Carbohydrates can be divided into three groups—starches, sugars, and fiber. Unfortunately, carbs have gotten a bad reputation in recent years, but, without them in your diet--at least the healthy carbohydrates, you will not feel well.
It is important for you to know that carbs can be part of a healthy lifestyle. The key is to choose the so-called “good carbs,” those that contain both energy-producing sugars and starches, but also have other nutrients, such as vitamins, minerals and fiber.
At the same time, try to limit or avoid what may be called the “bad carbs,” which have more calories and fat than you need, without the benefit of the other nutrients that are so important to good health.
Since even healthy carbs provide calories, you will need to be aware of portion sizes. A little, usually a half a cup to a cup, can go a long way!
Here is a list of some good carbs that you can include as part of your healthy diet.
1. Fruits (especially lower glycemic ones like apples and berries)
2. Starchy Vegetables, such as peas, winter squash, corn, carrots, and potatoes
3. Non-starchy vegetables, such as broccoli, leafy greens, green beans and zucchini
4. Whole grain bread and rolls
5. Pinto beans
6. Brown rice
7. Whole grain cereals such as oatmeal.
9. Whole grain pasta
10. Whole grain pilaf such as bulgur or Kashi
11. Popcorn (if of good quality, popped fresh with healthy fat or dry popped and served with a bit of unprocessed salt, if desired)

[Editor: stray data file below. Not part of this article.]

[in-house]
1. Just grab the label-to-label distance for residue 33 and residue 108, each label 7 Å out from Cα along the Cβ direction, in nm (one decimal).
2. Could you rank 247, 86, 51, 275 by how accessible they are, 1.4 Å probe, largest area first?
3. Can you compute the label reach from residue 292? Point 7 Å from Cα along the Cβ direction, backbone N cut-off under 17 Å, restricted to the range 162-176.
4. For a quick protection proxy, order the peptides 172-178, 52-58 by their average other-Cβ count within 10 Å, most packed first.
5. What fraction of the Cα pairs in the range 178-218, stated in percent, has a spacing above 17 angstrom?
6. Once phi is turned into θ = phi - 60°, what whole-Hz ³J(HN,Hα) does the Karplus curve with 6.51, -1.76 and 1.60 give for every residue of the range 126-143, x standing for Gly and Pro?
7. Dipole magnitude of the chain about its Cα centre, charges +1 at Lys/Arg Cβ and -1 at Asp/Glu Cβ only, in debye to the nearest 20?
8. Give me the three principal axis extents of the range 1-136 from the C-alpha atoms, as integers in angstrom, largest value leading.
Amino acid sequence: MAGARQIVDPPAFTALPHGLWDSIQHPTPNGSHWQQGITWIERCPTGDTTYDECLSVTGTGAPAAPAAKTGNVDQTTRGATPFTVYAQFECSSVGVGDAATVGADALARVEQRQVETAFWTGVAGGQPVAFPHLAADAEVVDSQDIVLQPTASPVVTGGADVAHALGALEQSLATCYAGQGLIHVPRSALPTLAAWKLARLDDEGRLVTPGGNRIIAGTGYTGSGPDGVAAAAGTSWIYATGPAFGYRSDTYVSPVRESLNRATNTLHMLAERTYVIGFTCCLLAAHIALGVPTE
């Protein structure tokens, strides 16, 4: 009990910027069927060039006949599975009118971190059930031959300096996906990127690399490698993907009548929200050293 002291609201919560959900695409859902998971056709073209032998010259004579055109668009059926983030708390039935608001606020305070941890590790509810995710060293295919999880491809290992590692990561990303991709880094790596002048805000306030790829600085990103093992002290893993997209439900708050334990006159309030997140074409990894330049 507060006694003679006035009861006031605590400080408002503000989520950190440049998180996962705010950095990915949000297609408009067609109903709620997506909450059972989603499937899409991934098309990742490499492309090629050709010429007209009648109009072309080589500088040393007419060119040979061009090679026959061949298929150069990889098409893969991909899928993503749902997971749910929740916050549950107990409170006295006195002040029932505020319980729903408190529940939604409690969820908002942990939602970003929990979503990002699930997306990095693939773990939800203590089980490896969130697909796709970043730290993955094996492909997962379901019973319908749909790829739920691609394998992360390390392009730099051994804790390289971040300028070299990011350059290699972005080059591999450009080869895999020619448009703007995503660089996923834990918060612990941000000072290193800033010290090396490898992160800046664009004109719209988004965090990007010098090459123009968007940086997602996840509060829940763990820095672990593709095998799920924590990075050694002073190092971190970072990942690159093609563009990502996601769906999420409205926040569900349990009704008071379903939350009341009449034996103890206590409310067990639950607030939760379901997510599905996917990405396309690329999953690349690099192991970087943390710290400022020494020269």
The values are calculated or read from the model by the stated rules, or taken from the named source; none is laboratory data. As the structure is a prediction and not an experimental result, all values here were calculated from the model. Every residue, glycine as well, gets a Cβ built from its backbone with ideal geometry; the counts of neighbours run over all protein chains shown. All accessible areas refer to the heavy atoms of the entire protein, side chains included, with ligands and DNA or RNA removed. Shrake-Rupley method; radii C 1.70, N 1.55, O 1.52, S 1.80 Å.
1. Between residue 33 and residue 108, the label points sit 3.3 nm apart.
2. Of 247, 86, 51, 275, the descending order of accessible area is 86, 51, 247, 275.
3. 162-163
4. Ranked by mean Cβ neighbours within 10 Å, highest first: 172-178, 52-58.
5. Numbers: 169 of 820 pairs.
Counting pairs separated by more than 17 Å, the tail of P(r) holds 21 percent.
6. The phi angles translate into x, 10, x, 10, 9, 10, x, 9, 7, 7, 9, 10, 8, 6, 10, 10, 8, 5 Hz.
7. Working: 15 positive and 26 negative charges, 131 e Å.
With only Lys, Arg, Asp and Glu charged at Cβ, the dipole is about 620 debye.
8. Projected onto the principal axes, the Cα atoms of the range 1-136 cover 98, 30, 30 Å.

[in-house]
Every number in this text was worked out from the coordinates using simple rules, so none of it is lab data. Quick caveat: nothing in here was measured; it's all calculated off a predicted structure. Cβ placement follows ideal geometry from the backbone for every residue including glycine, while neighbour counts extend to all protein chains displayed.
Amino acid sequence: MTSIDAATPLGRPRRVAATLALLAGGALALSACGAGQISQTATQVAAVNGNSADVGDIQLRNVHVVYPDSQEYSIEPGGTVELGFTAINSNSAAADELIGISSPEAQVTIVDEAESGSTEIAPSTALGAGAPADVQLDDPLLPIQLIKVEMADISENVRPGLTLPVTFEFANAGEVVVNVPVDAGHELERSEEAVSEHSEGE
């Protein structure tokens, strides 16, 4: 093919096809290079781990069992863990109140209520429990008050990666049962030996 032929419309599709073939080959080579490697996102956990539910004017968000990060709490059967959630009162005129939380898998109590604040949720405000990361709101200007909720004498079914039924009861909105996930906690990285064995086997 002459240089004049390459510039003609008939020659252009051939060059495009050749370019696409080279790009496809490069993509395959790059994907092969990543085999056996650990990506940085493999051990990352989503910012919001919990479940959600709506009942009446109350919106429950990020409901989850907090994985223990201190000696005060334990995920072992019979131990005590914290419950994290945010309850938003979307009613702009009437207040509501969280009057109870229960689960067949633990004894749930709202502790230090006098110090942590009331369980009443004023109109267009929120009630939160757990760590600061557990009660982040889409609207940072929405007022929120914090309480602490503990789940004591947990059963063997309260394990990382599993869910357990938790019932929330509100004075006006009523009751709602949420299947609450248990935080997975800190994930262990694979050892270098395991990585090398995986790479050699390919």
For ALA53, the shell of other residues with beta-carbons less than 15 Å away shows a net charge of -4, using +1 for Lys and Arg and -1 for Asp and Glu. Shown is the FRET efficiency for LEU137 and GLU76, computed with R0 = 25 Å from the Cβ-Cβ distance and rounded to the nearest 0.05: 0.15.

The popularity of low-carb diets has created a certain misunderstanding about carbs. Rather than restricting all carbohydrates, diets, such as the South Beach Diet, seem to be more about limiting high glycemic carbs (those that release sugar into your bloodstream very quickly). On this type of diet, fruits and grains are excluded from the first phase, but non-starchy vegetables are allowed. Later on, certain fruits, grains and starchy vegetables can be eaten in moderation, but the emphasis is always on the lowest glycemic carbs.
Fiber is one of the healthy carbohydrates.
The term fiber is used to describe certain complex organic compounds that are part of the carbohydrate family. Fibers may be either polysaccharides, such as cellulose or pectin, or non-polysaccharides, such as lignins. In either case, the structure of the molecules is such that these fibers are not easily broken down by your digestive system. This is in contrast to other carbohydrates, like most starches and sugars, which are easily digested.
One way to categorize fiber is as soluble fiber or insoluble fiber. Both types of fiber are essential to a healthy eating lifestyle.